How much money can I save on my electricity bill by installing solar?

Solar panels will generate savings by offsetting the cost of electricity that you would otherwise be paying for from the grid. Any excess solar electricity that is exported to the grid will earn you a credit on your bill to be used later on when your panels are not producing as much.

For example, the Toronto Hydro Time of Use rate currently averages $0.1565 per kWh, so this is roughly how much you will save for each kWh your solar panels generate. A typical five kW solar system generates about 5,750 kWh of electricity per year, which means that you could save approximately $900 annually. Savings will depend on the size of the system, annual electricity usage, electricity rates and your chosen financing method.

Will I receive an electricity bill if I have solar panels?

Unless your solar energy system includes battery storage, and you are disconnected from the electricity grid (very rare in Toronto), you will continue to receive a monthly electricity bill. However, solar panels will allow you to drastically reduce your bill with a solar system that matches your energy consumption. Administrative fees on your Toronto Hydro bill, such as the delivery charges, will still apply.

Planning for the installation of solar when designing a building

When solar design is not considered in the early stages of construction/renovation of a building, it may become technically or financially unfeasible to install solar. If you have future plans to go solar, discuss ‘solar ready’ design considerations with your contractor/electrician so they can support your goals.

Solar ready design includes considerations and modifications that can be made to new buildings and buildings undergoing substantial renovation, to facilitate and optimize the installation of a future solar energy system,  For example, solar-ready design guidelines include adding an extra electrical conduit (1/2 to ¾ inch) from the main electrical panel to the roof while the walls are open, and to locate any roof obstructions like roof vents, plumbing stack and skylights on the north side of the roof to avoid future shading.

We recommend you review the following resources and share these with your builder/architect/renovator.

  • Natural Resources Canada (NRCAN) produced a Solar Ready Guidelines document, which specifies a number of design considerations builders can implement in new building to prepare for the installation of a future solar photovoltaic or solar thermal systems.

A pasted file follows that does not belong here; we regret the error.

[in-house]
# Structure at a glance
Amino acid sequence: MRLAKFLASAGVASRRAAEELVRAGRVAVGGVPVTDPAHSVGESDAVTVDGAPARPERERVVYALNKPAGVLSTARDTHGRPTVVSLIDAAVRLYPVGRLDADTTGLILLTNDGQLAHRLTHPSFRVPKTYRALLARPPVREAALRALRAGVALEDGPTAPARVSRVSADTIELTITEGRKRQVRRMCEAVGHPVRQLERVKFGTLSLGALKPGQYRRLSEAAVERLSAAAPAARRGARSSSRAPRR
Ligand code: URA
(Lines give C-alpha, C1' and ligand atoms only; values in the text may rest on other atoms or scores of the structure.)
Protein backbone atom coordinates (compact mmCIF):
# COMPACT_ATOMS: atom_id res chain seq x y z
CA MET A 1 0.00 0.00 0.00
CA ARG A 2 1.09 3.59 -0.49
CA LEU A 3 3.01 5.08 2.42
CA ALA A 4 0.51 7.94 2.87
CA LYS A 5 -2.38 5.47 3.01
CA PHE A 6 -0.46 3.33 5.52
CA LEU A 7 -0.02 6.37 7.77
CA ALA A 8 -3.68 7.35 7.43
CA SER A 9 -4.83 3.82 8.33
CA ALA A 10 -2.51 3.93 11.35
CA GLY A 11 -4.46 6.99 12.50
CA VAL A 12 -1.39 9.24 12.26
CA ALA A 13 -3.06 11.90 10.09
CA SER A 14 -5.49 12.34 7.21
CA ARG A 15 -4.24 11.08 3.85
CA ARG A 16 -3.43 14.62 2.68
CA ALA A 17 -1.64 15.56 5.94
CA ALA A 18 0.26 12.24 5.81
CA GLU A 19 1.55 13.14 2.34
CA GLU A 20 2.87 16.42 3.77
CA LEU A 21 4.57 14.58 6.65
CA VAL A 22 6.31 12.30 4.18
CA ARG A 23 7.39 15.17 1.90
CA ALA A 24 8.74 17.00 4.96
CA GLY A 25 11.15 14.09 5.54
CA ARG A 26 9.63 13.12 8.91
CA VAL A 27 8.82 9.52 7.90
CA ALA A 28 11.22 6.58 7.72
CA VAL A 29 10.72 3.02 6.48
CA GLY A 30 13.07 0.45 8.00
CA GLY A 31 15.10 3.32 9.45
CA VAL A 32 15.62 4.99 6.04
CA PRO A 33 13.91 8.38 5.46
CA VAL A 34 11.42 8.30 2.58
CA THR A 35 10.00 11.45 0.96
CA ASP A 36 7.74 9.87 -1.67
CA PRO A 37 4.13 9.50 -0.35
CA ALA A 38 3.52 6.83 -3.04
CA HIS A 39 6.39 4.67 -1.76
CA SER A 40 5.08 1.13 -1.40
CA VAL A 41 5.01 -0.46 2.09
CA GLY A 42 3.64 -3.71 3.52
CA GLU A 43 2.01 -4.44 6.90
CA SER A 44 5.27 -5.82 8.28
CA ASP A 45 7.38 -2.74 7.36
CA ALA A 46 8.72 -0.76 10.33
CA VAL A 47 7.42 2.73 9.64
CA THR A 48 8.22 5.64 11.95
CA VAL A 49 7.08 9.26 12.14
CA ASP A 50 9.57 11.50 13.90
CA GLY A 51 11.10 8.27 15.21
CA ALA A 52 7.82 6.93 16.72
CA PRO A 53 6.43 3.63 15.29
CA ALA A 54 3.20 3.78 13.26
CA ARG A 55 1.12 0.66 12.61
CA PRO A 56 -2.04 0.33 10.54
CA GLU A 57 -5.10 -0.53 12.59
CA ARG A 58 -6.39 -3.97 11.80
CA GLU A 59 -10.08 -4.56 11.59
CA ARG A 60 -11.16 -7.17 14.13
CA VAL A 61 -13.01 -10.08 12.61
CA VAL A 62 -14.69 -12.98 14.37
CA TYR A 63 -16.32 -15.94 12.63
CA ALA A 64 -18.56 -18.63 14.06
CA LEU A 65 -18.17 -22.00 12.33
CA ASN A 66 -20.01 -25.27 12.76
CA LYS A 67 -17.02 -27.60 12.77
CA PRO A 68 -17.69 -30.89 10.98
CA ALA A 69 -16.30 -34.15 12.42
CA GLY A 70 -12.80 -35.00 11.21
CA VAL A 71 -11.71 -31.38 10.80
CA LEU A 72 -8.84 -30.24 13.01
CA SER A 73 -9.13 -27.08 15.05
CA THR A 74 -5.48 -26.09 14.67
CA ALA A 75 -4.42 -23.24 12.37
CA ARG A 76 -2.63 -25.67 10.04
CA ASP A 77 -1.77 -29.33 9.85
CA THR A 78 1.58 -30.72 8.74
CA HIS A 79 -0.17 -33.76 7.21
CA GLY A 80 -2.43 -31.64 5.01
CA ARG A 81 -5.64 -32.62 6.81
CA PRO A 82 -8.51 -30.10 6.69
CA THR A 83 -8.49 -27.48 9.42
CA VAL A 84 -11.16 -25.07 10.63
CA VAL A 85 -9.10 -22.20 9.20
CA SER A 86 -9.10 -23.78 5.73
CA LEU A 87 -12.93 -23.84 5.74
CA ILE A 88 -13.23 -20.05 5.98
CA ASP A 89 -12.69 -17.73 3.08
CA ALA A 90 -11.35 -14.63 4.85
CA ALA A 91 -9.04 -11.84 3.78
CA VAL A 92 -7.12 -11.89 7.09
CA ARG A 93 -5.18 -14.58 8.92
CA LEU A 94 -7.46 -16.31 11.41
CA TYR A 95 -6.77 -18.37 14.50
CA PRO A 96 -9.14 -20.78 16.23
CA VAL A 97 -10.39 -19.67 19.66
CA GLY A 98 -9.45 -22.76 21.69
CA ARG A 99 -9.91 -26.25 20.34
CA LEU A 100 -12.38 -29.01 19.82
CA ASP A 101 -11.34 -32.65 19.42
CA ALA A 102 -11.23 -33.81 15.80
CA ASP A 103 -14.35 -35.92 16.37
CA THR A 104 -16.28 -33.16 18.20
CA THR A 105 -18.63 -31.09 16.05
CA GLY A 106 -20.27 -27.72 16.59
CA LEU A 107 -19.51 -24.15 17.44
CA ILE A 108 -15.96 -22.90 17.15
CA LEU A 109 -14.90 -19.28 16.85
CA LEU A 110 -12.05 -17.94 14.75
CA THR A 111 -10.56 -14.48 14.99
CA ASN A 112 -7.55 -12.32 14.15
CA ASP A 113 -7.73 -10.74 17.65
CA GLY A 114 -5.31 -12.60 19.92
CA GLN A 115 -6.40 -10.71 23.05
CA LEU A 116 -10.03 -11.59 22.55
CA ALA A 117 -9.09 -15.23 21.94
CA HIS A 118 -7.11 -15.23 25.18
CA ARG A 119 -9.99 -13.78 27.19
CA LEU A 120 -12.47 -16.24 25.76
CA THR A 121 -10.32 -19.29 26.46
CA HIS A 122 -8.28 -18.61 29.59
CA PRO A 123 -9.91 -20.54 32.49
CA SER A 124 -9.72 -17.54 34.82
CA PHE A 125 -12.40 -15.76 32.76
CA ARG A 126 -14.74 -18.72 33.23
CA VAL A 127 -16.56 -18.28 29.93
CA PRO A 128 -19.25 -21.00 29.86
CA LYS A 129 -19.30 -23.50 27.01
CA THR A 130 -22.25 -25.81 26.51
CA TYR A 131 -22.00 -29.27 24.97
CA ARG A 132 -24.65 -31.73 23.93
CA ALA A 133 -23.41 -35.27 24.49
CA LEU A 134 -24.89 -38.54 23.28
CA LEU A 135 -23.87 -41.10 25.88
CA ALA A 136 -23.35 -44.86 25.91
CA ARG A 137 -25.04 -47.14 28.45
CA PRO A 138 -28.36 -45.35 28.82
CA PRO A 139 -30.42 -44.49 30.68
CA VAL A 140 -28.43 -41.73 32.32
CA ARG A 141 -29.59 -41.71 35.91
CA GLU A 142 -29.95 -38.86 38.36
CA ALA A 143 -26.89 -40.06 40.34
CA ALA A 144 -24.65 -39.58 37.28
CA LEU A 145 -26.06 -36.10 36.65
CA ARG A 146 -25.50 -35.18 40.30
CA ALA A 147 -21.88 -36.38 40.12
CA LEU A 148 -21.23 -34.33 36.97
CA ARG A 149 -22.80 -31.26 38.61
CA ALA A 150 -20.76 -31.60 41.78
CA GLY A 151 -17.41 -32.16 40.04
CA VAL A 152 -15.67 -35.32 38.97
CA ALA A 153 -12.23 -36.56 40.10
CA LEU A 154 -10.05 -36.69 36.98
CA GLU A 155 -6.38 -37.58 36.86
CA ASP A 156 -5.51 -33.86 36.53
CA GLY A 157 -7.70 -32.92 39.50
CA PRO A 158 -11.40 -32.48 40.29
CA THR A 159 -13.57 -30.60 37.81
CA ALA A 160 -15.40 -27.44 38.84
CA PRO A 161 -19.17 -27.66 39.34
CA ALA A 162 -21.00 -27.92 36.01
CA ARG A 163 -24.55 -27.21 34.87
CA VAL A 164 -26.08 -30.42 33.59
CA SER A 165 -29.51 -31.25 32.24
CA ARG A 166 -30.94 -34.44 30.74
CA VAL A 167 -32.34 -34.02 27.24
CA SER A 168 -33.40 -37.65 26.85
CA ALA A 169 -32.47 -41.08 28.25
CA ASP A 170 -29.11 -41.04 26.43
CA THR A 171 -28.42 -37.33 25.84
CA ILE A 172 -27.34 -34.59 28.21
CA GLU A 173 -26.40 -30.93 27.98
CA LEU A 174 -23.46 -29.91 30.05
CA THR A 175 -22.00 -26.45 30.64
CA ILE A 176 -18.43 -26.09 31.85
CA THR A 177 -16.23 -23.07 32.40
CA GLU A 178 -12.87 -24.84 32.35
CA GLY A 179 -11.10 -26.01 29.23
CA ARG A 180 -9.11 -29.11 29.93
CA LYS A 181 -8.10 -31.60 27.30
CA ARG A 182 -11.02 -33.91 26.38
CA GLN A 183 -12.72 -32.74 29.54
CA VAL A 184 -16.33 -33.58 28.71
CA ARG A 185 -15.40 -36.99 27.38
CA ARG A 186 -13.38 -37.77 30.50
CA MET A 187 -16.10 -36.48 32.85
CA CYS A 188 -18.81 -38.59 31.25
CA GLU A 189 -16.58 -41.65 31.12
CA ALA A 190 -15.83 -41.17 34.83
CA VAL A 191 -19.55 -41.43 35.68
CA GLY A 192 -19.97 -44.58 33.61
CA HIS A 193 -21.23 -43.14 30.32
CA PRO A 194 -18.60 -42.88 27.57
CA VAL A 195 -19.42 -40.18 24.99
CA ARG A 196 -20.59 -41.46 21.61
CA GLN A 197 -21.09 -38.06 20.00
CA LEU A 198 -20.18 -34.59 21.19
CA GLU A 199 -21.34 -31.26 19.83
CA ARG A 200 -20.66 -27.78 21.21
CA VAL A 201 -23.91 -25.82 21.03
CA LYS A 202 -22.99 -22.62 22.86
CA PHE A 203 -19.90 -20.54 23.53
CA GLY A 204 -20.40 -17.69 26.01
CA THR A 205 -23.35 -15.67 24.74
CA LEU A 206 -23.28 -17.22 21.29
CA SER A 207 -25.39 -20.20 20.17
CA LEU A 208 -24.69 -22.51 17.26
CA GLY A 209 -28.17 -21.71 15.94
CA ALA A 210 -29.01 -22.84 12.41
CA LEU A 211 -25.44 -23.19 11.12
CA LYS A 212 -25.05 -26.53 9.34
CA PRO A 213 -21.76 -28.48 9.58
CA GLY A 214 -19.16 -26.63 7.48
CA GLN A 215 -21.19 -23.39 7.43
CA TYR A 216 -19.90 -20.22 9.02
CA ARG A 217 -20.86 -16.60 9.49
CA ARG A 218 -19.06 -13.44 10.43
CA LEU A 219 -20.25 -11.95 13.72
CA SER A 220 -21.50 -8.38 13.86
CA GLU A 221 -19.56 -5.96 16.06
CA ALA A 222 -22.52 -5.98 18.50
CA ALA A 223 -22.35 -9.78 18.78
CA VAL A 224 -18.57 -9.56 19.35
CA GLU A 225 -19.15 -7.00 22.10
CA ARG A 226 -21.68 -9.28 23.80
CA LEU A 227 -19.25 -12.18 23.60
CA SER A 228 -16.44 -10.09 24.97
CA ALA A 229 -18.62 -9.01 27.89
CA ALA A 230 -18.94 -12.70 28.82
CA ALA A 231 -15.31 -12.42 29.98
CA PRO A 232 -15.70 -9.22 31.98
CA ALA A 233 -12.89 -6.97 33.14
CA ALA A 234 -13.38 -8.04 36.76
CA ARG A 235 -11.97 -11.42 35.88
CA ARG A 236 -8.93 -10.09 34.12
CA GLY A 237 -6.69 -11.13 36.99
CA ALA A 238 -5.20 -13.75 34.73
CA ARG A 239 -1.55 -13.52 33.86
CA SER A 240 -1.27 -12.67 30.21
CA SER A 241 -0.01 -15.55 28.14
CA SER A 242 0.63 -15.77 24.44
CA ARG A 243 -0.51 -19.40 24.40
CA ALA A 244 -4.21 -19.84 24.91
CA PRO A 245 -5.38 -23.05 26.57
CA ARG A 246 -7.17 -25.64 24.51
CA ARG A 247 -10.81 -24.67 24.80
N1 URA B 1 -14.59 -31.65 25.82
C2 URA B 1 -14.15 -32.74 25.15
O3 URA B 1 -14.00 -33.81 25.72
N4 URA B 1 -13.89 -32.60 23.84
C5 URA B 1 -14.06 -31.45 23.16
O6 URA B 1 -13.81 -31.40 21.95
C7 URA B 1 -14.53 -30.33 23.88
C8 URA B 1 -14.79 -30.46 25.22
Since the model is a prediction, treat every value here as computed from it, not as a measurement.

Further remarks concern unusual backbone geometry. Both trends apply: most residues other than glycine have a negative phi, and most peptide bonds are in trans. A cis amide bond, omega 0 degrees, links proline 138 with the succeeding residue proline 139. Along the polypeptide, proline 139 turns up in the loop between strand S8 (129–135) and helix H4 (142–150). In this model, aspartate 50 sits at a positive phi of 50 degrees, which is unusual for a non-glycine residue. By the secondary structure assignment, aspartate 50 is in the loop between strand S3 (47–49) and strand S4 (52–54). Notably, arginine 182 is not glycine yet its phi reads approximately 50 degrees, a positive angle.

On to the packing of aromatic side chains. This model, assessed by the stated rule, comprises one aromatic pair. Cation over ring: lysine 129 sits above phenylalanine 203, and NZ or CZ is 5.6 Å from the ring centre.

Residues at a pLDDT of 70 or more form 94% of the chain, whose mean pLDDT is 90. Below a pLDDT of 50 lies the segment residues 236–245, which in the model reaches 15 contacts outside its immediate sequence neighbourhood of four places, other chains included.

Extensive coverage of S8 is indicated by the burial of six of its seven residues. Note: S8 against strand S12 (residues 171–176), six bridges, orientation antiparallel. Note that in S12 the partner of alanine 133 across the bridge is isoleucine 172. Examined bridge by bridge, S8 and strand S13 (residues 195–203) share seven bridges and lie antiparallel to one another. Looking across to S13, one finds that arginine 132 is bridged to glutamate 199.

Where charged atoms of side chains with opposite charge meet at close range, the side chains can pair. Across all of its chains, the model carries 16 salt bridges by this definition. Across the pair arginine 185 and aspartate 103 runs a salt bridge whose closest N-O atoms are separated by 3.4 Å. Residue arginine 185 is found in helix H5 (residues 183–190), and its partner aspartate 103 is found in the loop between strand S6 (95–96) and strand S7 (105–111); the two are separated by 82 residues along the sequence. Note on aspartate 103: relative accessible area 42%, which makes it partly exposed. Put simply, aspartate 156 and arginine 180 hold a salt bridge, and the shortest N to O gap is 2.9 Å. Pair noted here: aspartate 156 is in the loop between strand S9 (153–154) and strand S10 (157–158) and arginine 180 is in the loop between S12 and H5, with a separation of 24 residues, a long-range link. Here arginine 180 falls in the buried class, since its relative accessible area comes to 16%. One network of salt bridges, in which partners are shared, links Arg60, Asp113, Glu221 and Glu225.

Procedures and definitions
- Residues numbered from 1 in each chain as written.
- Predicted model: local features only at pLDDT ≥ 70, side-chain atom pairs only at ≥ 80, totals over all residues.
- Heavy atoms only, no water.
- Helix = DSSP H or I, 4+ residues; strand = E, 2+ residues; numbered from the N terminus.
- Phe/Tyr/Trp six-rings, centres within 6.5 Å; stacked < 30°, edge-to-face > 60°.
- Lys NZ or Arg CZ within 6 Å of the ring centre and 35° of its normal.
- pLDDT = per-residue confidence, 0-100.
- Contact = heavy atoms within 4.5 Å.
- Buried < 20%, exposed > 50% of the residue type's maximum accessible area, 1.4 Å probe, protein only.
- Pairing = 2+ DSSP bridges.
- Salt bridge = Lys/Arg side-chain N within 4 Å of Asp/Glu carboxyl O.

• The Photovoltaic (PV) Ready Guidelines, also created by NRCAN, describe design considerations and specify modifications builders can make to new attached and detached homes in preparation for the installation of a future large array photovoltaic system. The PV Ready Guidelines are intended for large array PV systems (e.g., as would be the case in near net zero or net zero energy home designs). The Solar Ready Guidelines are intended for solar thermal and small array PV systems.
  • Natural Resources Canada (NRCAN) produced the Planning & Decision Guide for Solar PV systems to provide solar consultants, home owners, home builders, and their design and construction teams with a framework for making decisions on the types of solar PV systems to use in residential building projects.
  • Planning and Decision Guide for Solar PV Systems Webinar: This webinar by the Canadian Renewable Energy Association (CanREA) demonstrates the use of the Planning & Decision Guide.

Solar can meet a portion of the building’s electricity needs, offset electricity usage in common areas and provide clean power for electric vehicle charging. The logistics of installing solar for a multi-unit building are more complicated.

Is the building’s roof suitable for solar?

Consider the age and condition of the roof. Installing solar on a roof that is older than ten years is not advised. To determine the remaining lifespan of the roof and the schedule for roof replacement or major repairs, you could access the reserve study (evaluation of a property’s physical components), your building’s maintenance records or consult a qualified roofer or professional engineer.

Roof obstructions such as mechanical equipment, can limit space for solar. In this case, a solar canopy, which raises the array above the obstructions, can be considered but is complex and costly.

If you determine that the building’s roof is not a good fit for solar, consider:

  • Other parts of the property such as a parking lot or garage
  • A ground-mounted solar system (less optimal in dense neighbourhoods)